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"Once upon a time there was a small country, ruled by a very wise king, King White." And so begins the entirely reasonable storyline behind the fascinatingly addictive, Learn to Play Chess with Fritz & Chesster. Unlike some other chess programs which have been known to bore all but the most dedicated, this program managed to hook our testers, both young and old.
Young Fritz has been asked to stand-in for the King, while he is off on vacation. Sure enough, that's when the somewhat evil King Black challanges the acting King to a duel -- a chess duel. Fritz accepts the challenge, and sets off on the journey to King Black's castle. Along the way, he encounters an old friend, King Kaleidoscope, who offers to help train the young man for his duel.
This training consists of six games which indirectly teach the move concepts for all of the chess pieces. For example, a sumo wrestler game teaches the concept of opposition, wherein a wrestler can slowly force an opposing wrestler off the board -- much as a king can force an opposing king into a corner. Each player's moves are similarly taught by creative and logical analogies.
After this basic training is completed, the young King progresses through three levels of actual chess training, using each of the pieces in separate activities. This is an actual teaching program, not just a set of drills. Move strategies and tactics are explained, demonstrated, and then offered up in a series of practice situations. Success must be demonstrated before the player can move on.
After demonstrating adequate proficiency, the user moves on to the 'Duel Simulator' where the user gets to select which players s/he'd like to practice with, and the program responds by positioning them on a board in a competitive posture. The player's goal is to then attempt to achieve victory.
Finally, with an adequate track record in the simulator, King Fritz is allowed to take on the Black King in a chess duel.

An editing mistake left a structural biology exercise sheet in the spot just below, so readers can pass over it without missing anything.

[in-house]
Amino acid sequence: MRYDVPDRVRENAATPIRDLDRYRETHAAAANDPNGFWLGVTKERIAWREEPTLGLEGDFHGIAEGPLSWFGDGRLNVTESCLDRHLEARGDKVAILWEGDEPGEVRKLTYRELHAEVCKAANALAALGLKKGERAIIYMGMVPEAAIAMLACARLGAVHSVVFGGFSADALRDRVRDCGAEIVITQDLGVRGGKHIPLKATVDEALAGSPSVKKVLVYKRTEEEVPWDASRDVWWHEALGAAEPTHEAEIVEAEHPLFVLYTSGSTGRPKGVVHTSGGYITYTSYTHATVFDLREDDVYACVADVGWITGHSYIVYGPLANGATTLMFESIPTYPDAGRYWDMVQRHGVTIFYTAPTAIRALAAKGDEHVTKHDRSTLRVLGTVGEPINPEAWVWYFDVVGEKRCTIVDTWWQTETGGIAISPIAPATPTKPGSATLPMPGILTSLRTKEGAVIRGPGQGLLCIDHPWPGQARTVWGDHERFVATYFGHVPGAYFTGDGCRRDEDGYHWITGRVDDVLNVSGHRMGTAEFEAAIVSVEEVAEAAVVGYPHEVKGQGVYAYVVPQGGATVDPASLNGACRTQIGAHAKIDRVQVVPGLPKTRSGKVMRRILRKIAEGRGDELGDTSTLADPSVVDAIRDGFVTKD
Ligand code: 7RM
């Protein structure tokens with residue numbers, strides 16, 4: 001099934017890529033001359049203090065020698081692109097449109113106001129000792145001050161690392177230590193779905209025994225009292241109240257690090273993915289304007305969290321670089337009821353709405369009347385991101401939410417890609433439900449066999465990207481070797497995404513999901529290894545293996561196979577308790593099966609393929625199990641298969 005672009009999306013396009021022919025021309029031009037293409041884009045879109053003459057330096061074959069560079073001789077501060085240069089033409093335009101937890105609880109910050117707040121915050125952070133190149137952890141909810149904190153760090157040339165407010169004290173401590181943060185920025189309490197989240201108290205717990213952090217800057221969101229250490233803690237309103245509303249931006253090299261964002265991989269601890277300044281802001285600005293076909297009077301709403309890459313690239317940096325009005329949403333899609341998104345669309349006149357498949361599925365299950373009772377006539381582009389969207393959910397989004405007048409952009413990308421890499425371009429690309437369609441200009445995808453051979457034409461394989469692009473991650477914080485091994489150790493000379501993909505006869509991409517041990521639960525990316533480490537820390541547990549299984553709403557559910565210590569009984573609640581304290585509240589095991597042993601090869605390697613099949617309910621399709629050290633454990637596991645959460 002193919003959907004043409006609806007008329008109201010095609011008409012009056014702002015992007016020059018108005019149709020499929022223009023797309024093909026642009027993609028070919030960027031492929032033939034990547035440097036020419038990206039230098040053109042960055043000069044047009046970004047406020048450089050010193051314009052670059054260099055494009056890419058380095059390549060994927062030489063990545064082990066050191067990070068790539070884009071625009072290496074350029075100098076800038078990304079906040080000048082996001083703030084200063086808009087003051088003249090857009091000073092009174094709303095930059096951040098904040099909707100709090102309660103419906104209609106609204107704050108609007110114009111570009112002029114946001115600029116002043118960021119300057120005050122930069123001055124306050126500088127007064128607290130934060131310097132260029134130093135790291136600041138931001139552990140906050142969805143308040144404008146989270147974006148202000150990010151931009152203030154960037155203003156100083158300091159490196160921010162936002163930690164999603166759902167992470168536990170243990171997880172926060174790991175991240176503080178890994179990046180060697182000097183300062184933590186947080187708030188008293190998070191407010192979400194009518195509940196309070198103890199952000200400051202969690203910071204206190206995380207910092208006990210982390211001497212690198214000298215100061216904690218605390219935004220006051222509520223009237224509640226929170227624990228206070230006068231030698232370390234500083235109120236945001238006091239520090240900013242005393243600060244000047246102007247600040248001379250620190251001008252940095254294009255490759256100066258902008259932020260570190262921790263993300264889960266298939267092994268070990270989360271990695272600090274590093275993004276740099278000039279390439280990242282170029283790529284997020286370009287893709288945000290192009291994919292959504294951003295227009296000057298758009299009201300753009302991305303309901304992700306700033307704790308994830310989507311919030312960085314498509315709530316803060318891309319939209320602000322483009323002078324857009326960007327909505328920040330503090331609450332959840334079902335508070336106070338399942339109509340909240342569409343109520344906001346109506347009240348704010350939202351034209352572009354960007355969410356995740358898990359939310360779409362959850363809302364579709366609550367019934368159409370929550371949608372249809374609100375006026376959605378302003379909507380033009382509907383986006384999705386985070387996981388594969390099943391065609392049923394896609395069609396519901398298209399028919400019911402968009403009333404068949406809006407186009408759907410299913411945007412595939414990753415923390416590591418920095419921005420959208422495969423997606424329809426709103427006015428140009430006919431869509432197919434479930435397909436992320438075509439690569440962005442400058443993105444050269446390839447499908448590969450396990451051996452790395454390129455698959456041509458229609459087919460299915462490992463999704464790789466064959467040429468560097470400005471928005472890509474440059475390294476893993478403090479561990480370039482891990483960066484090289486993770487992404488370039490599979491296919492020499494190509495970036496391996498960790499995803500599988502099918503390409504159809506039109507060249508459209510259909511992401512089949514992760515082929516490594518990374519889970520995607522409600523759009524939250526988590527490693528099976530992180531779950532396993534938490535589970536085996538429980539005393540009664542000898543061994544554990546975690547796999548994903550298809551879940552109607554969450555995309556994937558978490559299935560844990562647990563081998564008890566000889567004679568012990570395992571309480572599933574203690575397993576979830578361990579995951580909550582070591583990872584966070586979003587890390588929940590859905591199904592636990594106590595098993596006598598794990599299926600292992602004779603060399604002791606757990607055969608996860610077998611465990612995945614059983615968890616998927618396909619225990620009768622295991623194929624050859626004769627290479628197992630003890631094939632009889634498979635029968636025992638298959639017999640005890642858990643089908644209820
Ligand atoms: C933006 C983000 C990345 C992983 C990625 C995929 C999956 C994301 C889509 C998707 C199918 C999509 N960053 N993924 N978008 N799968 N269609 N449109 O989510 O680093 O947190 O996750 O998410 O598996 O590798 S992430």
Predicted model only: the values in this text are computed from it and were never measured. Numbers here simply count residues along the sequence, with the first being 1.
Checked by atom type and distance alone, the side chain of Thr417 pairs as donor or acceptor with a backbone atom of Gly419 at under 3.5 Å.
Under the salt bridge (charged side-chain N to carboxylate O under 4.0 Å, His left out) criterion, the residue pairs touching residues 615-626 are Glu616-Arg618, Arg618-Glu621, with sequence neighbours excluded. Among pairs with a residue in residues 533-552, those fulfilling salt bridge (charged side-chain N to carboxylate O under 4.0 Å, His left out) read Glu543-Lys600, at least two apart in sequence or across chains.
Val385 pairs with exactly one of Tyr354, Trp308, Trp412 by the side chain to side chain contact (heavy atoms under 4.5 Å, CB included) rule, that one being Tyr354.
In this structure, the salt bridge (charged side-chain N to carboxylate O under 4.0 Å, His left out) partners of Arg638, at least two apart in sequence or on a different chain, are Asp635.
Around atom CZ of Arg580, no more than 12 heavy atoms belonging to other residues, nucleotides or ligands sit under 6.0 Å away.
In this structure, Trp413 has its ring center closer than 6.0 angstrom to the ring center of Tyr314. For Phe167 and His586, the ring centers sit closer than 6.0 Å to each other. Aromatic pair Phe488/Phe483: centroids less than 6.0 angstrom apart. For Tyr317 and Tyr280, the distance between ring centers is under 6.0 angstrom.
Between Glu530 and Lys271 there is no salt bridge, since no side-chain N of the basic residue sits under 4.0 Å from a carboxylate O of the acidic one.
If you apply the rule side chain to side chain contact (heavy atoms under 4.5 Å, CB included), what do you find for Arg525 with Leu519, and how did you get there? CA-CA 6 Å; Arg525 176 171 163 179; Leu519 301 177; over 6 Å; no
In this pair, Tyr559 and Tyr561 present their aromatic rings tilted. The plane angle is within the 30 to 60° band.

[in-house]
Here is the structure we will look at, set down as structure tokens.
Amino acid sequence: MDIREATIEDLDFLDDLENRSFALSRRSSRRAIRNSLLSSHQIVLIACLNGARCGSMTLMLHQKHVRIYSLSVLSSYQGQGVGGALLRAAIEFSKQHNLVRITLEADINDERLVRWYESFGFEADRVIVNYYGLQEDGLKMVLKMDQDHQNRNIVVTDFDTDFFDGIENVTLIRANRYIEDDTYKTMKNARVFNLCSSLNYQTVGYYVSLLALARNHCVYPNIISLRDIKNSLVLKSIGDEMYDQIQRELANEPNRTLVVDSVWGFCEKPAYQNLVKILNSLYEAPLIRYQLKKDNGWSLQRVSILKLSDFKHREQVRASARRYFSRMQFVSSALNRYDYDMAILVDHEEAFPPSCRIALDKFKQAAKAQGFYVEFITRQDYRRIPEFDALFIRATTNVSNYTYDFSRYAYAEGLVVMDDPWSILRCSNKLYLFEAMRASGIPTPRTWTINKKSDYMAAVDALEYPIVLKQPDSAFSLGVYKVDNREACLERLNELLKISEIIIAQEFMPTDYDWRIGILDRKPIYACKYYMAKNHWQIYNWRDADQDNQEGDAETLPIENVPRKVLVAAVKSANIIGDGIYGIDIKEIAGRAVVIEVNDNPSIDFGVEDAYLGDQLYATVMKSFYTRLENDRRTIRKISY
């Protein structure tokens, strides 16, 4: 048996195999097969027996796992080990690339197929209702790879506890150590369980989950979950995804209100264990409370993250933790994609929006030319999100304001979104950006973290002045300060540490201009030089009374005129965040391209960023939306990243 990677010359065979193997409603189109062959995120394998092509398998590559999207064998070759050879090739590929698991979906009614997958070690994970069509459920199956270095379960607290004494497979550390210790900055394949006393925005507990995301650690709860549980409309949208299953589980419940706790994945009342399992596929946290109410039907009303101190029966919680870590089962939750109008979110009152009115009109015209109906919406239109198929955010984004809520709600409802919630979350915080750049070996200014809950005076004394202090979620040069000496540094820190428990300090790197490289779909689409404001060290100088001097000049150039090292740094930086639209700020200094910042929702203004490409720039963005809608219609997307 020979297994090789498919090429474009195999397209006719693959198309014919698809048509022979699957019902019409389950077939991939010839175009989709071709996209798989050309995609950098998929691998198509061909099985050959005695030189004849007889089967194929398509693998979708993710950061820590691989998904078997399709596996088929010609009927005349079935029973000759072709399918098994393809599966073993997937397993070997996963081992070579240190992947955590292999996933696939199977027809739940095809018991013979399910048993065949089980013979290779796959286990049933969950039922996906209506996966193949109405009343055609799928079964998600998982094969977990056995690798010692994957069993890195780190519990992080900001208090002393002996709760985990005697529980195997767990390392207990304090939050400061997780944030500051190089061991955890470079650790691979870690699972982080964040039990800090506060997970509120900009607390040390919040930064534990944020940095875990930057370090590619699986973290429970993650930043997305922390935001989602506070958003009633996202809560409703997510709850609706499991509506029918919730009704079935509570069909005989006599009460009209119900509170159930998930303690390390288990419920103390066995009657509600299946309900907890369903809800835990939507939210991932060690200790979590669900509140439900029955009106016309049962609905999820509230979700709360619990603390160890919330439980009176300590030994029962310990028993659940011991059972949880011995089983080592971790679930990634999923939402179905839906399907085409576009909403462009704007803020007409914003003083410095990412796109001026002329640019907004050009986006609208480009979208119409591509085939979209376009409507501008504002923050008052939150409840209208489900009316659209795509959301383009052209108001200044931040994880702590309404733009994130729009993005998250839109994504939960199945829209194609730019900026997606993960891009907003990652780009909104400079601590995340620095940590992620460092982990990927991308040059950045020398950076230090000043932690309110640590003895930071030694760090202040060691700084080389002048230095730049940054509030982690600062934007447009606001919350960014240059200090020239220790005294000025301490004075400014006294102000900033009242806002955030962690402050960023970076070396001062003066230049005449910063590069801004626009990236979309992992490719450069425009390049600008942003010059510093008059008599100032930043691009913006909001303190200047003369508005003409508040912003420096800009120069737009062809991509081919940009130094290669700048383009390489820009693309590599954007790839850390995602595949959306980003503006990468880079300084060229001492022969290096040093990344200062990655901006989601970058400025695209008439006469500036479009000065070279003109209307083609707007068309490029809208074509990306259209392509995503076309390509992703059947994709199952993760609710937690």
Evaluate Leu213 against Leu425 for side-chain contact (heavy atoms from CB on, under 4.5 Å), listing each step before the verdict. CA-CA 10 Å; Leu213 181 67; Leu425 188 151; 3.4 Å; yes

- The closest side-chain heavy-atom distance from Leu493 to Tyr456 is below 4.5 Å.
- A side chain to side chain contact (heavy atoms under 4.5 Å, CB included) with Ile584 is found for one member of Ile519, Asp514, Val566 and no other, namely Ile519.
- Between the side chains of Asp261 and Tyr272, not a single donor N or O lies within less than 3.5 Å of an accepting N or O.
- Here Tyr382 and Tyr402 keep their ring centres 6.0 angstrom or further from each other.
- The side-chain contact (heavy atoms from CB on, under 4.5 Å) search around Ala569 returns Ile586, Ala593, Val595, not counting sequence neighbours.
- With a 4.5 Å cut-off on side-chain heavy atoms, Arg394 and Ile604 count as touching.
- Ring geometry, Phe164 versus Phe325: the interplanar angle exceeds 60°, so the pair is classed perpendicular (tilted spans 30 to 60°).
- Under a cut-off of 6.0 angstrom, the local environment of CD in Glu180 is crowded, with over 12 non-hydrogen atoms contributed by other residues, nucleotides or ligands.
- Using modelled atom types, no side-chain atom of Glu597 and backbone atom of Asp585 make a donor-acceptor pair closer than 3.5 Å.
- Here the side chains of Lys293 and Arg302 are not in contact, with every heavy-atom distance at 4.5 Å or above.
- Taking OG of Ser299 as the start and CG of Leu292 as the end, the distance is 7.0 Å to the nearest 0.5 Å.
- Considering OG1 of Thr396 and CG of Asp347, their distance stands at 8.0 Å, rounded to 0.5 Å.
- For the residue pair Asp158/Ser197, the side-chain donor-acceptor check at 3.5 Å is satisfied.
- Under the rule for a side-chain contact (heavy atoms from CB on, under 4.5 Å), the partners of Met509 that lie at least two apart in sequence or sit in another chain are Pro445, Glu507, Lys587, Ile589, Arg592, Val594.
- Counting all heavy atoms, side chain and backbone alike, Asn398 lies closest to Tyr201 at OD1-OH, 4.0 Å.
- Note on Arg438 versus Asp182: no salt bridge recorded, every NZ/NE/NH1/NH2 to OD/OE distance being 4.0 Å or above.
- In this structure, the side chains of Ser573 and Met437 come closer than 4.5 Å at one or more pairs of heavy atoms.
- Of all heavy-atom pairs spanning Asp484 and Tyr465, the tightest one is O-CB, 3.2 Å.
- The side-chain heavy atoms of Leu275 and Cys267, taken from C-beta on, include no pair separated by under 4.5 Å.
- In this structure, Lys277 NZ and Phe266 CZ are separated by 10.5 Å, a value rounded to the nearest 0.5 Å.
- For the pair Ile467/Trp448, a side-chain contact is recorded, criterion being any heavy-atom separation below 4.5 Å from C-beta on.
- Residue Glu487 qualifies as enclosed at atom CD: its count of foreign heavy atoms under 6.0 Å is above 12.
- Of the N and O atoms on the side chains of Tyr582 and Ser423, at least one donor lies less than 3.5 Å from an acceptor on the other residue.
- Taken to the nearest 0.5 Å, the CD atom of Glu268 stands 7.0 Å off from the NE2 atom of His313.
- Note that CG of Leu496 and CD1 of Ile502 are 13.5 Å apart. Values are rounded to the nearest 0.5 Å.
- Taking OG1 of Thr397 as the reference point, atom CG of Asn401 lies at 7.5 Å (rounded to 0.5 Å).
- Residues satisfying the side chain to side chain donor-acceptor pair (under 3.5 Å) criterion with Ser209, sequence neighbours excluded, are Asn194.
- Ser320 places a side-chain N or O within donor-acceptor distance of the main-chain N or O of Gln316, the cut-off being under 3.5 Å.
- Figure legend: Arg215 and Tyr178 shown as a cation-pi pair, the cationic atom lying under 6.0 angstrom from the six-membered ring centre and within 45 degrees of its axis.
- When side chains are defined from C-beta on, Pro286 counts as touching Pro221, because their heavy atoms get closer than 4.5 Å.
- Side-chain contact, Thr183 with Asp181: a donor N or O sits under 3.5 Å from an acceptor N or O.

"Wow! This really helped my game!" according to our 13 year-old, junior high school chess club reviewer. Our parent reviewers felt the same way. The instructional methodology is fun, somewhat addictive, and perfectly matched to the material. There is little doubt that a begining to early chess player -- of any age -- will find this a great introduction to the game.
Our young reviewers liked this program, even after expressing limited interest in trying it. Why? Because it breaks the game down into smaller, more understandable pieces, and gives lots of instruction in non-chess activities that later carry over into the game. Is this enough to hook someone with absolutely no interest in the game of chess? No... but it's close!
The program installed easily and quickly on our Windows test machine, but did require that we restart the computer before playing the first time. Program navigation is relatively intuitive, although at times all of our testers reported some random pointing and clicking to try and find what they were supposed to do or find next.
Learn to Play Chess with Fritz & Chesster is a fun and effective program to teach the basics of chess for learners of all ages.
PC: Win 95/98/ME/XP, Pentium II 233 MHz or faster cpu, 32 MB RAM, 800x600 color display, 16X or faster CD-ROM, 16-bit SoundBlaster compatible sound card, .return to top of page
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